A Habermasian Perspective on the Requirements Process in Software Development: An Enterprise Systems Project in Healthcare.

Alain Ross (2006)  PhD Thesis, University of Calgary, Haskayne School of Business.

The requirements process is considered to be one of the most important parts of information systems development because it is during this process that system functionality is determined. However, much research and practice it has shown it to be one of the most error-prone aspects of software development and implementation. Howcroft and Wilson (2003) call for a “deeper understanding of the inherent conflict within the systems development process (p.21), arguing that “far from being an intellectual diversion, this constitutes a prerequisite for improving the rather poor record of systems development”. This critical ethnographic study of two information systems projects in healthcare aims to address this question by studying communication in the requirements processes though the lens of Habermas’ Theory of Communicative Action.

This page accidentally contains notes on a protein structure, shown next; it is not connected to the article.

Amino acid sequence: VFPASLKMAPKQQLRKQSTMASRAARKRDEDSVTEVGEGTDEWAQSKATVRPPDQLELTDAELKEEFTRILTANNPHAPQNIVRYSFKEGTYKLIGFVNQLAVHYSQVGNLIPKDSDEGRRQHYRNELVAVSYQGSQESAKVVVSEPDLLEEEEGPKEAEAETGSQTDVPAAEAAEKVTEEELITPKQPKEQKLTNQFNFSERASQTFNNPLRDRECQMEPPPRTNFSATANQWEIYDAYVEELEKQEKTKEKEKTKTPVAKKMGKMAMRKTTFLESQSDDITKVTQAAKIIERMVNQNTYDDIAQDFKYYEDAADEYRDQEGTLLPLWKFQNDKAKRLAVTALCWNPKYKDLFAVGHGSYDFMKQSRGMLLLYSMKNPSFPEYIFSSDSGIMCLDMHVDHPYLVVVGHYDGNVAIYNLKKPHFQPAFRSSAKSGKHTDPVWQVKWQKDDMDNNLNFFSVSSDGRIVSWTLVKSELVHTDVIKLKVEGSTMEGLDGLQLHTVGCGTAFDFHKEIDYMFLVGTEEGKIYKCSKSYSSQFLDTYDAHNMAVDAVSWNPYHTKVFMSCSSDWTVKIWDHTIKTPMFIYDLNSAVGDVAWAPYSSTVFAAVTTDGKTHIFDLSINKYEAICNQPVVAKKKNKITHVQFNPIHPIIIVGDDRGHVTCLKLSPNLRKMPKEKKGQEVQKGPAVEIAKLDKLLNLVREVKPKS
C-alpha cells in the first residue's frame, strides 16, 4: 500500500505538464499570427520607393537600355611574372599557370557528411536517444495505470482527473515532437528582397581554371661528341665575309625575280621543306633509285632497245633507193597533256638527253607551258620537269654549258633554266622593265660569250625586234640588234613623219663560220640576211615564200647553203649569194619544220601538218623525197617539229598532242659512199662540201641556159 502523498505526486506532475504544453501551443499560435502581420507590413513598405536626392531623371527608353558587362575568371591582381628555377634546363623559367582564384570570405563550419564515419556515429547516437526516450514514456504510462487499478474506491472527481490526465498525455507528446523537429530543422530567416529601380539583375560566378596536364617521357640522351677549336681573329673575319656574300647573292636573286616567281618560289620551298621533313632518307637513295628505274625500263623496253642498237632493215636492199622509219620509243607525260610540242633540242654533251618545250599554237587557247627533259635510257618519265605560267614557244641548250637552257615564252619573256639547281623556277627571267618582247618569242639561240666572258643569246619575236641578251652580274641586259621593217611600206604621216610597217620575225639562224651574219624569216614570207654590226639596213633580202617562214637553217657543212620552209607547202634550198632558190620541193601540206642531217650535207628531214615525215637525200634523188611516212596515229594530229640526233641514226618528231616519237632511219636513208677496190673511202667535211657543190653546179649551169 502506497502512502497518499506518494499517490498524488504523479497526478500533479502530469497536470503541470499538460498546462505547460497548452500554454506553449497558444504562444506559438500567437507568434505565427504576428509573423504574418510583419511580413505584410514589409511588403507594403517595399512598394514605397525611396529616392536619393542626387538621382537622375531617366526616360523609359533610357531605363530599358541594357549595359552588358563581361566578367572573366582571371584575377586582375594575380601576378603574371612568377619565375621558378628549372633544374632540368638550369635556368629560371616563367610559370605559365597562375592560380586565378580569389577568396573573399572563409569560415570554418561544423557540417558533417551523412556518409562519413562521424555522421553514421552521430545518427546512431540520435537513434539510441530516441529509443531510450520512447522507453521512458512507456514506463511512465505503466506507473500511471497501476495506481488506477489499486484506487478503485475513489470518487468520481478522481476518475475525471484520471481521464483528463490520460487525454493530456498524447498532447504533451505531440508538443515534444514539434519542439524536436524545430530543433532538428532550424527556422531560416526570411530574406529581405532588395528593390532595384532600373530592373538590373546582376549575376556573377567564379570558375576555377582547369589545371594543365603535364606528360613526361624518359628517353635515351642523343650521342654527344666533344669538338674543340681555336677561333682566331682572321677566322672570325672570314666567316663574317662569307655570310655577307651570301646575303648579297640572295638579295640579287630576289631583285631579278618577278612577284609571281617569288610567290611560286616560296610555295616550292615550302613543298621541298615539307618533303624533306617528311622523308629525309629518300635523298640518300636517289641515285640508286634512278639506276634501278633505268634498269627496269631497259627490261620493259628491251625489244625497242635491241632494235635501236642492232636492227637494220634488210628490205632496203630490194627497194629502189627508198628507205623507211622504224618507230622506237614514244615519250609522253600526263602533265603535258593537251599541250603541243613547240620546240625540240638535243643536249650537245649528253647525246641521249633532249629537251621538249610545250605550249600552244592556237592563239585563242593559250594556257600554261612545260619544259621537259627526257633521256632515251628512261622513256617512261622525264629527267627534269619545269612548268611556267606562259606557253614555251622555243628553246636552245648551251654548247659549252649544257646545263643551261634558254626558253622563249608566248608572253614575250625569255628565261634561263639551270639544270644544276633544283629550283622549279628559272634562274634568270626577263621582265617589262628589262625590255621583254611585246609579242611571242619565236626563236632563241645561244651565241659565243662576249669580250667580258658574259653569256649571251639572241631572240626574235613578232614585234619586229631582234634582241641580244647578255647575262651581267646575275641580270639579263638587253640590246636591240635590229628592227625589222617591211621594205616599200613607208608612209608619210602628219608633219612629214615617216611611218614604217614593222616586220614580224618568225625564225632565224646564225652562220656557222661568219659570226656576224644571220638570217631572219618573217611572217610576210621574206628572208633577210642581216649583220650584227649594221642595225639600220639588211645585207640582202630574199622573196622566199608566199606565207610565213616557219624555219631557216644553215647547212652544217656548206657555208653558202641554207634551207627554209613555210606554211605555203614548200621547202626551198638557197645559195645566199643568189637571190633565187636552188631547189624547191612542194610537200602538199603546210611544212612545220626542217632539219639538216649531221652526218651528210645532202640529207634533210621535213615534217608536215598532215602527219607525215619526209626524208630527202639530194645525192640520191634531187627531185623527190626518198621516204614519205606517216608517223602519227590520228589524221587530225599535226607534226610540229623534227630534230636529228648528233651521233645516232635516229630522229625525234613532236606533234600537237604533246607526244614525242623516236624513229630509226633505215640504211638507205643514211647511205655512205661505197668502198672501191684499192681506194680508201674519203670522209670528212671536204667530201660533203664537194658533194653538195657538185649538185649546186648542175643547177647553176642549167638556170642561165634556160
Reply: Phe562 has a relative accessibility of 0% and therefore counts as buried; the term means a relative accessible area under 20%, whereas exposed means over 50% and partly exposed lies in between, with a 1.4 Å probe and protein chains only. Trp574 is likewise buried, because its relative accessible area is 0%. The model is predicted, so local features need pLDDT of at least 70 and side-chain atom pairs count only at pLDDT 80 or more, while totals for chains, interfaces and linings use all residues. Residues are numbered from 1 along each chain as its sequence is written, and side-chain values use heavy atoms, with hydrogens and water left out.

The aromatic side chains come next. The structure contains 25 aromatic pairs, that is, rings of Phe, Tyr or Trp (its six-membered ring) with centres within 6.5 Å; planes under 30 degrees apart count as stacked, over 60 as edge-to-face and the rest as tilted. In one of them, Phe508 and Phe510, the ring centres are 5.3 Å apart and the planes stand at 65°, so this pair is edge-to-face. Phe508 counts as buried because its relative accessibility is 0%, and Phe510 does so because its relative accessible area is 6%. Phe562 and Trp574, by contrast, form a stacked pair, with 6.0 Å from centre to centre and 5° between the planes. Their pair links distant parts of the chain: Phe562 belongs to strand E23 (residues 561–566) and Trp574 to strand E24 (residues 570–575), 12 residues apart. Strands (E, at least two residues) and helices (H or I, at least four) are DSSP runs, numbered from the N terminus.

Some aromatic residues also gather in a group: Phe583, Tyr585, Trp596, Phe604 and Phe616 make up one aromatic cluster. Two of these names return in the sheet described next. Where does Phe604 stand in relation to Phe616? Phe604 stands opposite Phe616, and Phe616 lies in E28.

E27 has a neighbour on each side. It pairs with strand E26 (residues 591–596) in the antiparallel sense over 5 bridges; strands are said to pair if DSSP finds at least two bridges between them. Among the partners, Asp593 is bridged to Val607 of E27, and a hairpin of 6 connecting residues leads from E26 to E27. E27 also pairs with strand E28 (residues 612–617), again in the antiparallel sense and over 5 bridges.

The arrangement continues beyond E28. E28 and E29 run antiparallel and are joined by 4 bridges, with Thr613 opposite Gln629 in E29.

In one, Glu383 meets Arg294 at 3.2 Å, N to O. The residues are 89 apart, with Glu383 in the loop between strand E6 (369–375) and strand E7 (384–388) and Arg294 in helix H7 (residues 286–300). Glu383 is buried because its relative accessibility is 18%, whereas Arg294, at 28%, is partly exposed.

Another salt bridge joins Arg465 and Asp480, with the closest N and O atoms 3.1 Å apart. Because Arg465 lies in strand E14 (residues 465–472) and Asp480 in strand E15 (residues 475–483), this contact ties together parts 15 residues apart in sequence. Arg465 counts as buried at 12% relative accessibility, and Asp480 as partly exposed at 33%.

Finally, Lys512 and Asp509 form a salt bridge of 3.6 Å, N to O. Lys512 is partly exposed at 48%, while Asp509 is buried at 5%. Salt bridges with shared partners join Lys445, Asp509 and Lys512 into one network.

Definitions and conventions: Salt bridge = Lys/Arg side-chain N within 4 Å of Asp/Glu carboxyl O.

The research identifies several constraints on communication including bounds on who was allowed to participate and on the extent to which participants could provide input or challenge others. Several conditions that allowed these constraints were explored:  the distribution and construction of knowledge, the construction of the requirements process as a technical process, the project team control over the process, the organisational motivations that were embedded in the process, the imposition of a method that brought with it assumptions not consonant with the organisational context and existing organizational relations of power which privileged some voices and marginalised others. 

The findings provide a theoretical basis on which to evaluate requirements processes, and set the stage for a reconsideration of the requirements process, proposing a process which is more equal and open and makes possible the building of information systems which more closely meet the needs of users. Both researchers and practitioners will, therefore, find these contributions valuable.